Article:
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  1. Graph Neural Networks (GNNs) are based on repeated aggregations of information from nodes’ neighbors in a graph. However, because nodes share many neighbors, a naive implementation leads to repeated and inefficient aggregations and represents significant computational overhead. Here we propose Hierarchically Aggregated computation Graphs (HAGs), a new GNN representation technique that explicitly avoids redundancy by managing intermediate aggregation results hierarchically and eliminates repeated computations and unnecessary data transfers in GNN training and inference. HAGs perform the same computations and give the same models/accuracy as traditional GNNs, but in a much shorter time due to optimized computations. To identify redundant computations, we introduce an accurate cost function and use a novel search algorithm to find optimized HAGs. Experiments show that the HAG representation significantly outperforms the standard GNN by increasing the end-to-end training throughput by up to 2.8× and reducing the aggregations and data transfers in GNN training by up to 6.3× and 5.6×, with only 0.1% memory overhead. Overall, our results represent an important advancement in speeding-up and scaling-up GNNs without any loss in model predictive performance.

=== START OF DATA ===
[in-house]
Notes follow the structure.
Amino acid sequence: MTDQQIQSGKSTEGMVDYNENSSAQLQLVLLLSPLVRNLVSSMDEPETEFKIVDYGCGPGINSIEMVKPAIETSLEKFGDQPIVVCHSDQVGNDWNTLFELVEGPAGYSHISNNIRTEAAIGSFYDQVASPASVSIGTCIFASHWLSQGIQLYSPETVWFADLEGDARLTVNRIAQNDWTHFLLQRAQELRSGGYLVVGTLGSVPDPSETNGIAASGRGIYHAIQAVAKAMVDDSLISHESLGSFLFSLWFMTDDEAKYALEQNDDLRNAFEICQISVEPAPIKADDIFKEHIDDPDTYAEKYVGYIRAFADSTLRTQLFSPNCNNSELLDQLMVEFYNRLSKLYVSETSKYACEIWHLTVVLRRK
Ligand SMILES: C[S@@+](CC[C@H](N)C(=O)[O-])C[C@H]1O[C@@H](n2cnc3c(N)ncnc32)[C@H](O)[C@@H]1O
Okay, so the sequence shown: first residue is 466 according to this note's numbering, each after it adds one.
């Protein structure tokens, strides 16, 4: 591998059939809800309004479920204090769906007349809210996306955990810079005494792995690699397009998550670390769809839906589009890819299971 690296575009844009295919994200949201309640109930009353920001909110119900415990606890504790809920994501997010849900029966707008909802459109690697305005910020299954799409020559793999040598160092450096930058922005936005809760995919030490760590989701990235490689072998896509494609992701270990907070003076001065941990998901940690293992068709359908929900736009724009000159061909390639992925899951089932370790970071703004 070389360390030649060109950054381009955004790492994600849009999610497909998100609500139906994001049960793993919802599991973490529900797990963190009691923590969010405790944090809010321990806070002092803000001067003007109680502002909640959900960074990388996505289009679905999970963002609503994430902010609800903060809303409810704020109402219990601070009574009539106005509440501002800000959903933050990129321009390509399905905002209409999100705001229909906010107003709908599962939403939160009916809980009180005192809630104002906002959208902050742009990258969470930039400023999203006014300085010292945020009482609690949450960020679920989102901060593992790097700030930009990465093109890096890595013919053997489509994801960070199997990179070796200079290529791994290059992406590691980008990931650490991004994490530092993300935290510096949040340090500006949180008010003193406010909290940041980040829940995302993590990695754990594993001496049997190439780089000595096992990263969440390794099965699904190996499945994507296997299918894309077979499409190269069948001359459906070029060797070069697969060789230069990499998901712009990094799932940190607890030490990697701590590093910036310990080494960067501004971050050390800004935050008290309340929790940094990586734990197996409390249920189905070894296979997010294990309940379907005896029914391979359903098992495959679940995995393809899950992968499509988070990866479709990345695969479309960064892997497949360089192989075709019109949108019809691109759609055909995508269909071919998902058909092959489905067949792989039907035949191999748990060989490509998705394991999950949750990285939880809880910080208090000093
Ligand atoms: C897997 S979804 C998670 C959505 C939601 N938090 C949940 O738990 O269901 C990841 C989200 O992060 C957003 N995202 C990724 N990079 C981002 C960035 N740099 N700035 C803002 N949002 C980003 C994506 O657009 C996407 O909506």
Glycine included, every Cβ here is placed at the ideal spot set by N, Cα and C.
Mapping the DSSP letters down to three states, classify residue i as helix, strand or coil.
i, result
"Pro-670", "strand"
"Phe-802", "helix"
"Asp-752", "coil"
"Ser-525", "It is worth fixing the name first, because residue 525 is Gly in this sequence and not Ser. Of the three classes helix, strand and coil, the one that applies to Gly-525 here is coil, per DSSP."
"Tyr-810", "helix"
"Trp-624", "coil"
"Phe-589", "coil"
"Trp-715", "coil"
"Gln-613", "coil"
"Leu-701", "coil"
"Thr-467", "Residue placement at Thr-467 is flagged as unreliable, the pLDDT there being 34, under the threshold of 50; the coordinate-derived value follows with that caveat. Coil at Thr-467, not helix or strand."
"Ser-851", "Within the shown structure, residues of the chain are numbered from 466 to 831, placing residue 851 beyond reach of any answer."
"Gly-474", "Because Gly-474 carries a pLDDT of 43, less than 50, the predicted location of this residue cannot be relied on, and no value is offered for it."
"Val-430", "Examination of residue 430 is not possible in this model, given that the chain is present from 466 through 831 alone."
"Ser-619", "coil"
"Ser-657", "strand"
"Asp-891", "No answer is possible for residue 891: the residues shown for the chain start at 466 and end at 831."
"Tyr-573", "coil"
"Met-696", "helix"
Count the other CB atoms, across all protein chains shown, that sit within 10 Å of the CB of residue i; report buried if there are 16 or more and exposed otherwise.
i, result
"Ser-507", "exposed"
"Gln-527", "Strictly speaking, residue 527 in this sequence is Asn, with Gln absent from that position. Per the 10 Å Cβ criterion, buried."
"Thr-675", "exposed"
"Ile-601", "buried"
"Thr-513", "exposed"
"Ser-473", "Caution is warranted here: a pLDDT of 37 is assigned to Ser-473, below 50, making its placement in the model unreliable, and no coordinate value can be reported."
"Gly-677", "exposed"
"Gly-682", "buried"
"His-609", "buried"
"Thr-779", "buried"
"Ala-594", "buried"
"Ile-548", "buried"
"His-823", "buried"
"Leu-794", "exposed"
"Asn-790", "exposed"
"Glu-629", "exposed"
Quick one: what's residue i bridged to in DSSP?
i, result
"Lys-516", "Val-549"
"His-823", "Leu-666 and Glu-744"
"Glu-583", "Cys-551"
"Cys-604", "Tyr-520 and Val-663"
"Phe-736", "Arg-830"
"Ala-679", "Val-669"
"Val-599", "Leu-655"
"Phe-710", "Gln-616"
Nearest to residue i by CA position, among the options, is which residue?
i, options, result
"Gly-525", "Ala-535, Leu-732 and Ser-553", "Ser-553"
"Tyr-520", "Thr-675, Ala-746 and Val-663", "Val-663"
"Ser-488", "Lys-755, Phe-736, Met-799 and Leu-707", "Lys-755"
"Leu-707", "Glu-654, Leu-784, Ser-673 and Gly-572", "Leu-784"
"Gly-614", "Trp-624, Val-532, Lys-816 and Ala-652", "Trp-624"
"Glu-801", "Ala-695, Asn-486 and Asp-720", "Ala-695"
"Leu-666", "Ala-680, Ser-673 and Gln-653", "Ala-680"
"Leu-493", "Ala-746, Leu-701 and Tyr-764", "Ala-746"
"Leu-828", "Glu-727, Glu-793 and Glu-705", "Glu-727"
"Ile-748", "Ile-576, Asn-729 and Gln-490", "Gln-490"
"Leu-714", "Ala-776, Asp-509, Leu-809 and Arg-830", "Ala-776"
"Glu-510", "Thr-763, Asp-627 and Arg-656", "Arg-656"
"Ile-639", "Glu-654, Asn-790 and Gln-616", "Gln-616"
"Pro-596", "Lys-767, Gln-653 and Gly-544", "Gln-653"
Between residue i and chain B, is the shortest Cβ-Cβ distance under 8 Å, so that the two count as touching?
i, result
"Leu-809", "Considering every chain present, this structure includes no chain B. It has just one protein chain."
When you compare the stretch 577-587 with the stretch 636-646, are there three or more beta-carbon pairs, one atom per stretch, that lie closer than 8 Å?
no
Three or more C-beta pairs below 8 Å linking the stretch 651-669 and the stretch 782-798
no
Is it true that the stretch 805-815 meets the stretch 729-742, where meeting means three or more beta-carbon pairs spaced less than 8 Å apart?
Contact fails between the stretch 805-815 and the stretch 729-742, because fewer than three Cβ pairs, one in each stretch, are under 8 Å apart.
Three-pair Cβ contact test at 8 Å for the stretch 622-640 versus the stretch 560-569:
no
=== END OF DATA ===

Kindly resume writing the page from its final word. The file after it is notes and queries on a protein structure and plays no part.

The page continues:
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  2. The neuronal cytoskeleton performs incredible feats during nervous system development. Extension of neuronal processes, migration, and synapse formation rely on the proper regulation of microtubules. Mutations that disrupt the primary α‐tubulin expressed during brain development,TUBA1A, are associated with a spectrum of human brain malformations. One model posits thatTUBA1Amutations lead to a reduction in tubulin subunits available for microtubule polymerization, which represents a haploinsufficiency mechanism. We propose an alternative model for the majority of tubulinopathy mutations, in which the mutant tubulin polymerizes into the microtubule lattice to dominantly “poison” microtubule function. Nine distinct α‐tubulin and ten β‐tubulin genes have been identified in the human genome. These genes encode similar tubulin proteins, called isotypes. Multiple tubulin isotypes may partially compensate for heterozygous deletion of a tubulin gene, but may not overcome the disruption caused by missense mutations that dominantly alter microtubule function. Here, we describe disorders attributed to haploinsufficiency versus dominant negative mechanisms to demonstrate the hallmark features of each disorder. We summarize literature on mouse models that represent both knockout and point mutants in tubulin genes, with an emphasis on how these mutations might provide insight into the nature of tubulinopathy patient mutations. Finally, we present data from a panel ofTUBA1Atubulinopathy mutations generated in yeast α‐tubulin that demonstrate that α‐tubulin mutants can incorporate into the microtubule network and support viability of yeast growth. This perspective on tubulinopathy mutations draws on previous studies and additional data to provide a fresh perspective on howTUBA1Amutations disrupt neurodevelopment.

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